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Intracerebral Transplantation of Fetal Ventral Mesencephalon for Patients with Advanced Parkinson's Disease
Methodology and 6-Month to 1-Year Follow-Up in 3 PatientsLevivier M.a · Dethy S.b · Rodesch F.c · Peschanski M.j · Vandesteene A.d · David P.e · Wikler D.i · Goldman S.i · Claes T.b · Biver F.f · Liesnard C.g · Goldman M.h · Hildebrand J.b · Brotchi J.a
Departments of a Neurosurgery, b Neurology, c Gynecology & Obstetrics, d Anesthesiology, e Neuroradiology, f Psychiatry, g Virology, h Immunology, and i PET/Biomedical Cyclotron Unit, Université Libre de Bruxelles - Erasme Hospital, Brussels, Belgium, and j INSERM U421, Créteil, France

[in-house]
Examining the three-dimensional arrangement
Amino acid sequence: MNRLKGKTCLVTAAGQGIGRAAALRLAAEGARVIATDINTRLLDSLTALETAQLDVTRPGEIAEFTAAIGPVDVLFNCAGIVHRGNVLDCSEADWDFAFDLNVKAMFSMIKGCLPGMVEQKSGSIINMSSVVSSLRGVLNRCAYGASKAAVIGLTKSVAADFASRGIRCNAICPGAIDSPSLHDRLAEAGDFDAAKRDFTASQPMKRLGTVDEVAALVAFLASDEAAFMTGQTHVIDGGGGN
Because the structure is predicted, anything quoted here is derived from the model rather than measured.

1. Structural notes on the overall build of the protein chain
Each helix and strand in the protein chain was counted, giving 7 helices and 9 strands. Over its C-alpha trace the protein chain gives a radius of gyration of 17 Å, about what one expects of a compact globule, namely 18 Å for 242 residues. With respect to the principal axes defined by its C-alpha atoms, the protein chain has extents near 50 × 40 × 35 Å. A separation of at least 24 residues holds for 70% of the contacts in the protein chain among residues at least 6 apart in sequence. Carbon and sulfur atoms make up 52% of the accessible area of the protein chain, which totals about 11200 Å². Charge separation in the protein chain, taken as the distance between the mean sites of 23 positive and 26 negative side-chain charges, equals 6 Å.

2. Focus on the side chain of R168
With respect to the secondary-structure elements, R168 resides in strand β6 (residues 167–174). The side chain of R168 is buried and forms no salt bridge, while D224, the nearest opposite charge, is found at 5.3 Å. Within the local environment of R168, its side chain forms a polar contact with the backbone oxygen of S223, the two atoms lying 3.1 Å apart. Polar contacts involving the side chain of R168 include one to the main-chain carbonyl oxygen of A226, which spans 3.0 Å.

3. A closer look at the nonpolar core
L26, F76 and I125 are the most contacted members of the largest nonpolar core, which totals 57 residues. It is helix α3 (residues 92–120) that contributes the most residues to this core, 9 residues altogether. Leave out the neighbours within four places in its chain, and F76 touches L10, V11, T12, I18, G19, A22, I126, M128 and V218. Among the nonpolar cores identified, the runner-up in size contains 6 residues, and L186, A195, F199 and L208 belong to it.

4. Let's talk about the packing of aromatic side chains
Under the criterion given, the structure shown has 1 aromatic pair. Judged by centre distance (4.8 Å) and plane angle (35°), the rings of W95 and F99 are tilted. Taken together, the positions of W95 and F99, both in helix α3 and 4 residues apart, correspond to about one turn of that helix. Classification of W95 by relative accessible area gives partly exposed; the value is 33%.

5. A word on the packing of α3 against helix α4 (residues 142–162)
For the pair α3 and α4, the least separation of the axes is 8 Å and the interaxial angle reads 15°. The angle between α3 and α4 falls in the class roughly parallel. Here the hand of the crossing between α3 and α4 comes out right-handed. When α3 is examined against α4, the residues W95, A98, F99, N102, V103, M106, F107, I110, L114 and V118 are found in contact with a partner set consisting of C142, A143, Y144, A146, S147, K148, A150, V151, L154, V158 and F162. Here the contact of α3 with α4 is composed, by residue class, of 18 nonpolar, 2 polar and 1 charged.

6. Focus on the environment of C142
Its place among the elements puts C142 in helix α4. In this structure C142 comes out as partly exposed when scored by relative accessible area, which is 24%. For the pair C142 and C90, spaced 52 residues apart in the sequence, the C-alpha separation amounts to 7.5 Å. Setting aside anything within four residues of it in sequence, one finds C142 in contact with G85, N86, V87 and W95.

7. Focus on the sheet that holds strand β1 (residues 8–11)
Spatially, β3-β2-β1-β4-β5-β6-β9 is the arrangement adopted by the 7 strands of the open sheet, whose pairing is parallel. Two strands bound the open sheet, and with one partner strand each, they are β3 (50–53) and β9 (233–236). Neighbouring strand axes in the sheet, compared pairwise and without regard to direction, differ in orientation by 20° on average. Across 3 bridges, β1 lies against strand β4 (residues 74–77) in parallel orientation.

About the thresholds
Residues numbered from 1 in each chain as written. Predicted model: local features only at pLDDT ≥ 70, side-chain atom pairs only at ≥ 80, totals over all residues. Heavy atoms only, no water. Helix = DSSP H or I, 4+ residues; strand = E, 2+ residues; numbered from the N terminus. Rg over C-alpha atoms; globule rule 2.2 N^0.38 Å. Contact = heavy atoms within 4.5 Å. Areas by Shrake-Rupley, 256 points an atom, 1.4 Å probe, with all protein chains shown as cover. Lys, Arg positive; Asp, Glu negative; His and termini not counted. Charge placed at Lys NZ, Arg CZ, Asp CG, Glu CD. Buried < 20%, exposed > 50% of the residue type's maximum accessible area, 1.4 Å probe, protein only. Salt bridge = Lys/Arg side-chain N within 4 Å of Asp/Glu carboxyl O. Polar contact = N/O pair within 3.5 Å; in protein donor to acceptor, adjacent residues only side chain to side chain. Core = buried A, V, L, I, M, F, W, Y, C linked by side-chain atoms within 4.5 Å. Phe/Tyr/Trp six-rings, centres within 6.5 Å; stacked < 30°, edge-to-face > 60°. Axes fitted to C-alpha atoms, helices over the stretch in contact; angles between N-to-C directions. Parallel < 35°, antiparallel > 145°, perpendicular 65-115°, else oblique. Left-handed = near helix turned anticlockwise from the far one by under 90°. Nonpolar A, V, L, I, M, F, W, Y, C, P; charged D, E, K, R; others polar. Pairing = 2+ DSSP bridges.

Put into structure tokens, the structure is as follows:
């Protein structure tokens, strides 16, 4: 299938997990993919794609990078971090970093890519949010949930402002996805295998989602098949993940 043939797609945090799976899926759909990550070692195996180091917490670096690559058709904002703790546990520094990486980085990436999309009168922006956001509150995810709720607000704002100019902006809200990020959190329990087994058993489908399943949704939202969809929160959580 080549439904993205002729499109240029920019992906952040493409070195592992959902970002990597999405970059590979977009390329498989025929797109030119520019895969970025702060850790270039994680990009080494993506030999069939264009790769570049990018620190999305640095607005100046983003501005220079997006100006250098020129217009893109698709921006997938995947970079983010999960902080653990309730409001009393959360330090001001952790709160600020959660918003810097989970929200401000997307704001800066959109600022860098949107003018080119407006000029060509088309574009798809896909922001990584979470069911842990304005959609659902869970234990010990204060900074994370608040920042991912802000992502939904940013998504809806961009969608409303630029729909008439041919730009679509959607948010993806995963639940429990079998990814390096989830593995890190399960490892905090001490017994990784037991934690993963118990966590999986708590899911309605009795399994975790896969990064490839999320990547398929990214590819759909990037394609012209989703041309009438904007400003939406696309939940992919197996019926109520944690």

In order to launch a new transplantation program for Parkinson''s disease (PD), we evaluated the safety and efficacy of fetal ventral mesencephalic grafts in 3 patients with advanced PD. Inclusion criteria and clinical evaluation followed strictly the Core Assessment Program for Intracerebral Transplantation. The transplantation procedure was based on the technique previously described by the groups in Lund (Sweden) and Creteil (France). The putamen contralateral to the site of predominant symptoms was unilaterally grafted in all patients. Magnetic resonance (MR)-based stereotactic guidance with multiplanar correlation was used to define 3 implantation trajectories in the precommissural, commissural, and postcommissural putamen. Fetal ventral mesencephalon was prepared from 6- to 8-week-old human embryos obtained from same-day abortions. Under general anesthesia, 8 deposits of 3 µl of the fetal tissue were placed 1 mm apart along each implantation trajectory using a customized microsyringe and needle attached to the stereotactic frame. The patients recovered uneventfully from the neurosurgical procedure. Early postoperative MR clearly showed the implantation trajectories reaching the putamen in all patients. The follow-up period was of 12, 9 and 6 months, for each of the 3 patients, respectively. Clinical changes appeared between 3 and 6 months after transplantation and consisted of an increase in the ‘on’ periods and in quantitative bilateral improvement in the motor timed tests. There was an improvement of the Unified Parkinson''s Disease Rating Scale score and an improvement of rigidity. Tremor was unchanged, and there was a slight and transient increase in dyskinesias. Neuropsychological follow-up revealed slight frontal alterations in 2 patients. Positron emission tomography demonstrated an increase of 18F-fluorodopa uptake in the grafted site. Adverse events include a reversible Cushing syndrome secondary to immunosuppression in 1 patient and a transient episode of confusion in another. The results of this study, designed as a prerequisite for a wider transplantation program, are in accordance with those previously reported by others and show that, using standardized neurosurgical techniques and methods of evaluation, transplantation is a reproducible and safe therapeutic approach which provides clinical benefits to patients with advanced PD.
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